Scholars on the tenure-track have contextual support to write and publish. In the best positions, this takes the form of course release time and internal grants to fund sabbaticals, research trips, and reflective writing.
On the other hand, these positions can also carry considerable pressure, as evidenced by the classic phrase “Publish or perish.” In some institutions, this expectation that faculty members will publish—and not just publish but publish on a prestigious level and promptly—and even that books will be reviewed by the time tenure reviews occur. To be frank, this sounds counterproductive (and likely to produce conservative scholarship), but carrot and the stick do create psychic and temporal contexts for scholarly writing.
Writing without those, adjunct scholars may find themselves working more like creative writers, fitting in writing when they can, and yoking conference trips to vacations in order to afford them. There are, however, some elements of contextual support in place for adjunct scholars.
For example, the MLA has set aside travel funds for up to 150 “non-tenure track faculty” to attend their 2009 conference. Granted, these awards of $300 each won’t cover all costs of a presentation/job interview trip to Philadelphia…but it is a start, and it is a sign that the MLA is trying to address some of the realities of academic labor. Actually, they may sadly be being too realistic, since those funds are actually intended for “non-tenure-track faculty members and those without employment.”
Now, you have to join the MLA member to qualify for these funds, which does lend them political power, but it also makes sense: almost all academic conferences require membership to attend. (For more on this opportunity, visit this section of the MLA’s website: http://www.mla.org/resources/awards/award_finasst/assist_nontenure)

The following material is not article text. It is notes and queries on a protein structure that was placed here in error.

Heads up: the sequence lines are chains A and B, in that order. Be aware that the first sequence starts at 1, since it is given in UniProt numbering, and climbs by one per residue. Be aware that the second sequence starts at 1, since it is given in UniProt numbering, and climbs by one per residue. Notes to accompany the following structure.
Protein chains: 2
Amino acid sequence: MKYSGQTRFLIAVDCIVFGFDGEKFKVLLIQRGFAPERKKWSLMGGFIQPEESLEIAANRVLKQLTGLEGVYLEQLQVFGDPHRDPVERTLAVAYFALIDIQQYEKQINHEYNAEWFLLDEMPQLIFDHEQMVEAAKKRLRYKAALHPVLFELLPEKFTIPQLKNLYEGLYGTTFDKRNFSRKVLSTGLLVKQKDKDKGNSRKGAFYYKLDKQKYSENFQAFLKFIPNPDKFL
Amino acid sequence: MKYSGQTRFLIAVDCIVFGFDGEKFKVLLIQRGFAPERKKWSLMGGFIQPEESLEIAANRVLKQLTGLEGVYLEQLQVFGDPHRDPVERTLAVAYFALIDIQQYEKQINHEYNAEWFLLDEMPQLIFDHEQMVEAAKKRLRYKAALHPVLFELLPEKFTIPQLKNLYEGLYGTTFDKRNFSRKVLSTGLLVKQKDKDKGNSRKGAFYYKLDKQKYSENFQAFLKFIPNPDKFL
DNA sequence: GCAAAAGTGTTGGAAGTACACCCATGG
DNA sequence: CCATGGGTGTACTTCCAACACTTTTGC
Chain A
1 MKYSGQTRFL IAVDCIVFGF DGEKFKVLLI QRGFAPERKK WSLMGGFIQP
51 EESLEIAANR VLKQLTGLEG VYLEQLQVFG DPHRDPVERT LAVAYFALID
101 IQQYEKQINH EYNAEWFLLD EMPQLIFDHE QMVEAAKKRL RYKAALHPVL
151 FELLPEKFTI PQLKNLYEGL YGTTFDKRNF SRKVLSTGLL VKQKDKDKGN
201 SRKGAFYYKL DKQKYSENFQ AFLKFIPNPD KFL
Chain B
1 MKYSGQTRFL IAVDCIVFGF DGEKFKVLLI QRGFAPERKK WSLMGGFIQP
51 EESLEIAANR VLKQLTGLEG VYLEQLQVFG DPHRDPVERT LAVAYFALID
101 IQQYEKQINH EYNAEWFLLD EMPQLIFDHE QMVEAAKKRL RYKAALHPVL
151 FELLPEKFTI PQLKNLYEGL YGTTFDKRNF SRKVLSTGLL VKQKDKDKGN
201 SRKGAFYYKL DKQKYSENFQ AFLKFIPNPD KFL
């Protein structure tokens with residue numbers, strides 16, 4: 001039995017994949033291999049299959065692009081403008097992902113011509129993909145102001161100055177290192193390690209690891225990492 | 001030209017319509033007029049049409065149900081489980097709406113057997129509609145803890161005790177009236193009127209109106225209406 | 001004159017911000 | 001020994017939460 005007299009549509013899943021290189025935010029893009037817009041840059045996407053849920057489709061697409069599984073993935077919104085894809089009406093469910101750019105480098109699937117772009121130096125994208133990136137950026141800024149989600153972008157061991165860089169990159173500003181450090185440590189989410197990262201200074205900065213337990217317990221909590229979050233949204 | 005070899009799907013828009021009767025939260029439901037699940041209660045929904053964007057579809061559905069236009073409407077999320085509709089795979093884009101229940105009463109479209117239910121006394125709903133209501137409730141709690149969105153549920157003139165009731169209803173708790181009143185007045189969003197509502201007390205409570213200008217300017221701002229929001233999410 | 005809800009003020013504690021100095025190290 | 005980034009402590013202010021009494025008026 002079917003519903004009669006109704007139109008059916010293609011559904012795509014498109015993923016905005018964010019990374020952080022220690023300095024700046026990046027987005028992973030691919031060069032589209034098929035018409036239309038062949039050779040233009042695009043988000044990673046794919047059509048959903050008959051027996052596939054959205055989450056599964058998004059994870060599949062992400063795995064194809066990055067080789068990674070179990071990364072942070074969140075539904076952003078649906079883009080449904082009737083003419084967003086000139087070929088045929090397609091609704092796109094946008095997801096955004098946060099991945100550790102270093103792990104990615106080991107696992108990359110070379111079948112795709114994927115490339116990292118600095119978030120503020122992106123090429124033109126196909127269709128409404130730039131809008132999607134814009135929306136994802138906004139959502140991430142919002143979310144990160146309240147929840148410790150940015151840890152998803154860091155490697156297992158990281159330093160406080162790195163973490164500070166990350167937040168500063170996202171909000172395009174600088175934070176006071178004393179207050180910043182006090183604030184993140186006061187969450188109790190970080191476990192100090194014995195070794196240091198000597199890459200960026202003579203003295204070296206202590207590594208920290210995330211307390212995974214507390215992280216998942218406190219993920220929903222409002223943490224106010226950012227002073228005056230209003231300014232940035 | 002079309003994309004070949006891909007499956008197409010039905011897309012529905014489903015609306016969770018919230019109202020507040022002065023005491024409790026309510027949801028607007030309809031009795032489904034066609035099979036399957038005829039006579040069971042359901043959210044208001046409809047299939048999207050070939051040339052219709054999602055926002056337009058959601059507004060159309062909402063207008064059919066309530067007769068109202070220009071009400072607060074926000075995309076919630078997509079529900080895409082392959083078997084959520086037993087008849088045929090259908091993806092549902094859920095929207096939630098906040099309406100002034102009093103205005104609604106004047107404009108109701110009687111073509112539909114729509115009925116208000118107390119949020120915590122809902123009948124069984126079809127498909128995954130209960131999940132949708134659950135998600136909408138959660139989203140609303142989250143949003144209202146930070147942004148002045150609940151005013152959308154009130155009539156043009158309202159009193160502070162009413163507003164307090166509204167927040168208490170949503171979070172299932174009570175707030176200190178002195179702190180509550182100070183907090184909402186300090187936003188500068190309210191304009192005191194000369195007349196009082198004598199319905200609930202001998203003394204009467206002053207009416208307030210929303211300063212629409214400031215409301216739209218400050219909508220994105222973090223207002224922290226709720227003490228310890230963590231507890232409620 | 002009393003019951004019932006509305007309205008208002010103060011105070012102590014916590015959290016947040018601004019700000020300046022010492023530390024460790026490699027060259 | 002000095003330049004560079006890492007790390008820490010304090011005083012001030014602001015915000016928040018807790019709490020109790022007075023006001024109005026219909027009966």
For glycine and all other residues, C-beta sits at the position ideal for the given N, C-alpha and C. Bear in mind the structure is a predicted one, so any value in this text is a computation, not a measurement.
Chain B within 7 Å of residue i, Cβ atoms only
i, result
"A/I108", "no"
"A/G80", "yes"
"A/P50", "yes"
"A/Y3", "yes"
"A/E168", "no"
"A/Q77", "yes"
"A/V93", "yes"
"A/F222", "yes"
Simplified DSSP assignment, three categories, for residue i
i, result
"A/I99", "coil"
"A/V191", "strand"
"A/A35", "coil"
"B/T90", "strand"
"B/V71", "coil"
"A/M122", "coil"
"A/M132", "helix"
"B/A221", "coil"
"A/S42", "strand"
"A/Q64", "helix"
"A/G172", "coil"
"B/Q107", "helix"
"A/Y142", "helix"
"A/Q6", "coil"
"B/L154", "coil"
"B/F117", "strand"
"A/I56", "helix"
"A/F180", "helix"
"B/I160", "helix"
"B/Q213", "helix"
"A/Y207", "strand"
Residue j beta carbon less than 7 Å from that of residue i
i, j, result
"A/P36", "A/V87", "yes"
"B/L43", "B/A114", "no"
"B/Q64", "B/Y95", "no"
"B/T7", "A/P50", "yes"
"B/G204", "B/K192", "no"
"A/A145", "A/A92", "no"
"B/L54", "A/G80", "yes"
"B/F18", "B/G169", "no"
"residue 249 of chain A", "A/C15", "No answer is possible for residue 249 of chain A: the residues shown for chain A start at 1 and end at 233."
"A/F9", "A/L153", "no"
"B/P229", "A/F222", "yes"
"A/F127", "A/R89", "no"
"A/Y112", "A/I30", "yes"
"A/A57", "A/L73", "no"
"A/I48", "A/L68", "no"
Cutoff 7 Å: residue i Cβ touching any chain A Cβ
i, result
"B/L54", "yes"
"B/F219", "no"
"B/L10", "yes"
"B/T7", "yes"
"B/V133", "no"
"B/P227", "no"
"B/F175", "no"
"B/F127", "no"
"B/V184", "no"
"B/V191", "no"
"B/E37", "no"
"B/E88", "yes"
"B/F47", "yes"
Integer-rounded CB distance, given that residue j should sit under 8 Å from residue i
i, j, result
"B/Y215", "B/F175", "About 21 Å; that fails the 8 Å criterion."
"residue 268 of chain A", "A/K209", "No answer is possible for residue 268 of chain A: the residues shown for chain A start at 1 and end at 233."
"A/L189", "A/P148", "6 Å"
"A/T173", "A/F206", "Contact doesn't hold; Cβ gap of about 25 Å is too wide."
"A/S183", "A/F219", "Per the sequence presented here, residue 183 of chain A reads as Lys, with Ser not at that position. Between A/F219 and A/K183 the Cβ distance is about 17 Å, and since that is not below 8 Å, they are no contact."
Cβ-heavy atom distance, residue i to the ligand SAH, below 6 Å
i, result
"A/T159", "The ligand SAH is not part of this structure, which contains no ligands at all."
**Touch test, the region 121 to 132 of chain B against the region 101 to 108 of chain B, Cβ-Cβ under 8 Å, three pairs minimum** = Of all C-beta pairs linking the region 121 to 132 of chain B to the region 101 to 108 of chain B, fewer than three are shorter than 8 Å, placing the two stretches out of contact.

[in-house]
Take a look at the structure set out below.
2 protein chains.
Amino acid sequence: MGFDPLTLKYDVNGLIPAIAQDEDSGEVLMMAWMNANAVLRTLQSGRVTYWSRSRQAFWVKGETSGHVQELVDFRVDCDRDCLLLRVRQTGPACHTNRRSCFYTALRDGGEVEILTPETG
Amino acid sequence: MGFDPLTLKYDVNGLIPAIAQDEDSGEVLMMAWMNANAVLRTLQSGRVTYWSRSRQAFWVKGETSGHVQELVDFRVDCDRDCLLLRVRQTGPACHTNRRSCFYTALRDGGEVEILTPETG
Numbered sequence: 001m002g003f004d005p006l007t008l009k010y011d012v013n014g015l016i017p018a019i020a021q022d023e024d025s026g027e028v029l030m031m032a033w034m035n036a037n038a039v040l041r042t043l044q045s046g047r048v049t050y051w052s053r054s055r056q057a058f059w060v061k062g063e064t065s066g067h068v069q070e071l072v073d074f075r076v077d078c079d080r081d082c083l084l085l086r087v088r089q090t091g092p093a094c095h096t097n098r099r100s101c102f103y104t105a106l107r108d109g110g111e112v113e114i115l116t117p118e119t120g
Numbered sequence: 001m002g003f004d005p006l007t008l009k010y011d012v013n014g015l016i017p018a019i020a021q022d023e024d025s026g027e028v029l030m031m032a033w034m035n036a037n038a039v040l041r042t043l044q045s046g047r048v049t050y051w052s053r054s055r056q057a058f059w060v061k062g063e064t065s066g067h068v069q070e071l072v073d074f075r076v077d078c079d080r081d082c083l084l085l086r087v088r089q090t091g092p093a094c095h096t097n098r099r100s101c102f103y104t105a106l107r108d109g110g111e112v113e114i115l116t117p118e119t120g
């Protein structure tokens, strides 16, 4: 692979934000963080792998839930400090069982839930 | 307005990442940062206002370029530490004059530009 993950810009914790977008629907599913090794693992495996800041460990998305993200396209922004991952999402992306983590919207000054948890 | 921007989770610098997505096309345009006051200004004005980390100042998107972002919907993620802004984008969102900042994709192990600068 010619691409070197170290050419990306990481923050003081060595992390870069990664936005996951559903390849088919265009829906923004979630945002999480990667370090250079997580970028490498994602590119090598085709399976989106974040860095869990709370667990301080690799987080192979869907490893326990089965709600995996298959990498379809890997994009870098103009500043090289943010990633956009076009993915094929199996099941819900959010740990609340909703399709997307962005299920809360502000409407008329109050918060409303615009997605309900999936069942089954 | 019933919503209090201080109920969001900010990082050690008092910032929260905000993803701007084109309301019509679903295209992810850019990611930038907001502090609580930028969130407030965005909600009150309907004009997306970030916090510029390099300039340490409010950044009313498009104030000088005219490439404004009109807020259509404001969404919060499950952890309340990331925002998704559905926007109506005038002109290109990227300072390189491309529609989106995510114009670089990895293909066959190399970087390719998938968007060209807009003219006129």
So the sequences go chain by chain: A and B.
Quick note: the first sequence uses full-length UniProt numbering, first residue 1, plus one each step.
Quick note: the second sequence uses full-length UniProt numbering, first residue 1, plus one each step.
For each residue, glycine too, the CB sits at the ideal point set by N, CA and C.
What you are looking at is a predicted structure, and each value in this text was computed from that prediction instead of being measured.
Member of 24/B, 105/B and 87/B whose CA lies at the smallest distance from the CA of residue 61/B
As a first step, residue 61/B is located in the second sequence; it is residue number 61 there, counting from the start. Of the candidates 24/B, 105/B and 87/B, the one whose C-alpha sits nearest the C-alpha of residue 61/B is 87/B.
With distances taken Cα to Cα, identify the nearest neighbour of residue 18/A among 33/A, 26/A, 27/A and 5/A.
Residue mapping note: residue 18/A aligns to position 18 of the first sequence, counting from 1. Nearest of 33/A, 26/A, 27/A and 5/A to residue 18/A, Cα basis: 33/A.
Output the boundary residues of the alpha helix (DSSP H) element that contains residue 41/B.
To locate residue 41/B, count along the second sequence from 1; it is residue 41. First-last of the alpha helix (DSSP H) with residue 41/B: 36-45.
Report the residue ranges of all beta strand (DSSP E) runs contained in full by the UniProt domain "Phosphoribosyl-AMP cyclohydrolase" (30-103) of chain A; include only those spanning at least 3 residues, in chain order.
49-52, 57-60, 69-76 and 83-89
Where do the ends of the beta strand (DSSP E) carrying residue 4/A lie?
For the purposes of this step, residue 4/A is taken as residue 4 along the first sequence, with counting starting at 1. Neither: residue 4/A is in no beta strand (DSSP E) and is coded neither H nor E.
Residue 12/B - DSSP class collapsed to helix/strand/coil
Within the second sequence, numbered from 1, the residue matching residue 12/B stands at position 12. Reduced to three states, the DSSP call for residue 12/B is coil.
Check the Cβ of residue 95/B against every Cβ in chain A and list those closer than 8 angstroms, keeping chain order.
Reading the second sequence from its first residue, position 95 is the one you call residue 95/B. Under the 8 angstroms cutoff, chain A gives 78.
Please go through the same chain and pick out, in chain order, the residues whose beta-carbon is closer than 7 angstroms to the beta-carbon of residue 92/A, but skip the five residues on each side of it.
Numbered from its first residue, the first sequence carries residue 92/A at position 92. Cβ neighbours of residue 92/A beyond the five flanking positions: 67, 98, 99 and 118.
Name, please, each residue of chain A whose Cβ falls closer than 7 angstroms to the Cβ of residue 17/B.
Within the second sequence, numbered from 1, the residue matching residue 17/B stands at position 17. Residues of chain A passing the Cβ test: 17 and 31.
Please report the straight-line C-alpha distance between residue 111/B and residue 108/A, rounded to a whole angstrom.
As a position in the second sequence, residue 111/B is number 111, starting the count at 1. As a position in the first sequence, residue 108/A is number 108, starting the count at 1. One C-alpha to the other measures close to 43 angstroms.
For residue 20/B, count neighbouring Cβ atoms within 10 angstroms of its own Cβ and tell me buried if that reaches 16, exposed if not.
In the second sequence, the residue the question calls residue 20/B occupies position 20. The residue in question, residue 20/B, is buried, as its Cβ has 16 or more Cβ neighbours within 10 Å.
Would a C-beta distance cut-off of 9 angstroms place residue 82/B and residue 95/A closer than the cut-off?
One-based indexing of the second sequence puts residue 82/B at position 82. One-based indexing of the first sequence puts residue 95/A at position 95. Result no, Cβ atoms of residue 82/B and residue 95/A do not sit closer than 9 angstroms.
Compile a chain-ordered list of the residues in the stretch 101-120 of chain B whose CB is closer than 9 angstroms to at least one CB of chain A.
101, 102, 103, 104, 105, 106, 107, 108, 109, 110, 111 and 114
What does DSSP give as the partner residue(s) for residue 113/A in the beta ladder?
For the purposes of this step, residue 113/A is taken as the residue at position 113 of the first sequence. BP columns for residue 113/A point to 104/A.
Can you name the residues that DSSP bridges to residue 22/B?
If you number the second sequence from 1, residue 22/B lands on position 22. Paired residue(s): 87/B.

Other organizations are trying something similarly realistic. For example, CCCC (Conference on College Composition and Communication) is the major academic conference on composition (a field that has long used a disproportionately high ratio of adjuncts). CCCC funds a “Professional Equity Project” which gives $310 grants to potential attendees with “part-time or adjunct status.” What’s nice about CCCC’s project is that they make a point of spelling out some of the criteria they’ll use for awarding these grants. One of them is that they’re trying to help people with an ongoing interest in teaching writing; they make it clear that they’re trying to both help you develop professionally and make you part of a professional discipline.
What’s more, CCCC gives the home colleges of grant recipients an open nudge to match funding, noting that several administrators did so last year. This is both politically savvy as well as a nice and practical touch. Schools that do this would make conferences that much more affordable ($600+ travel money for one conference is fairly generous), and would provide their adjuncts acknowledgement of their achievement—this would help with the entire issue of institutional context. (For more on this opportunity, visit this section of the CCCC website: http://www.ncte.org/cccc/awards/pep)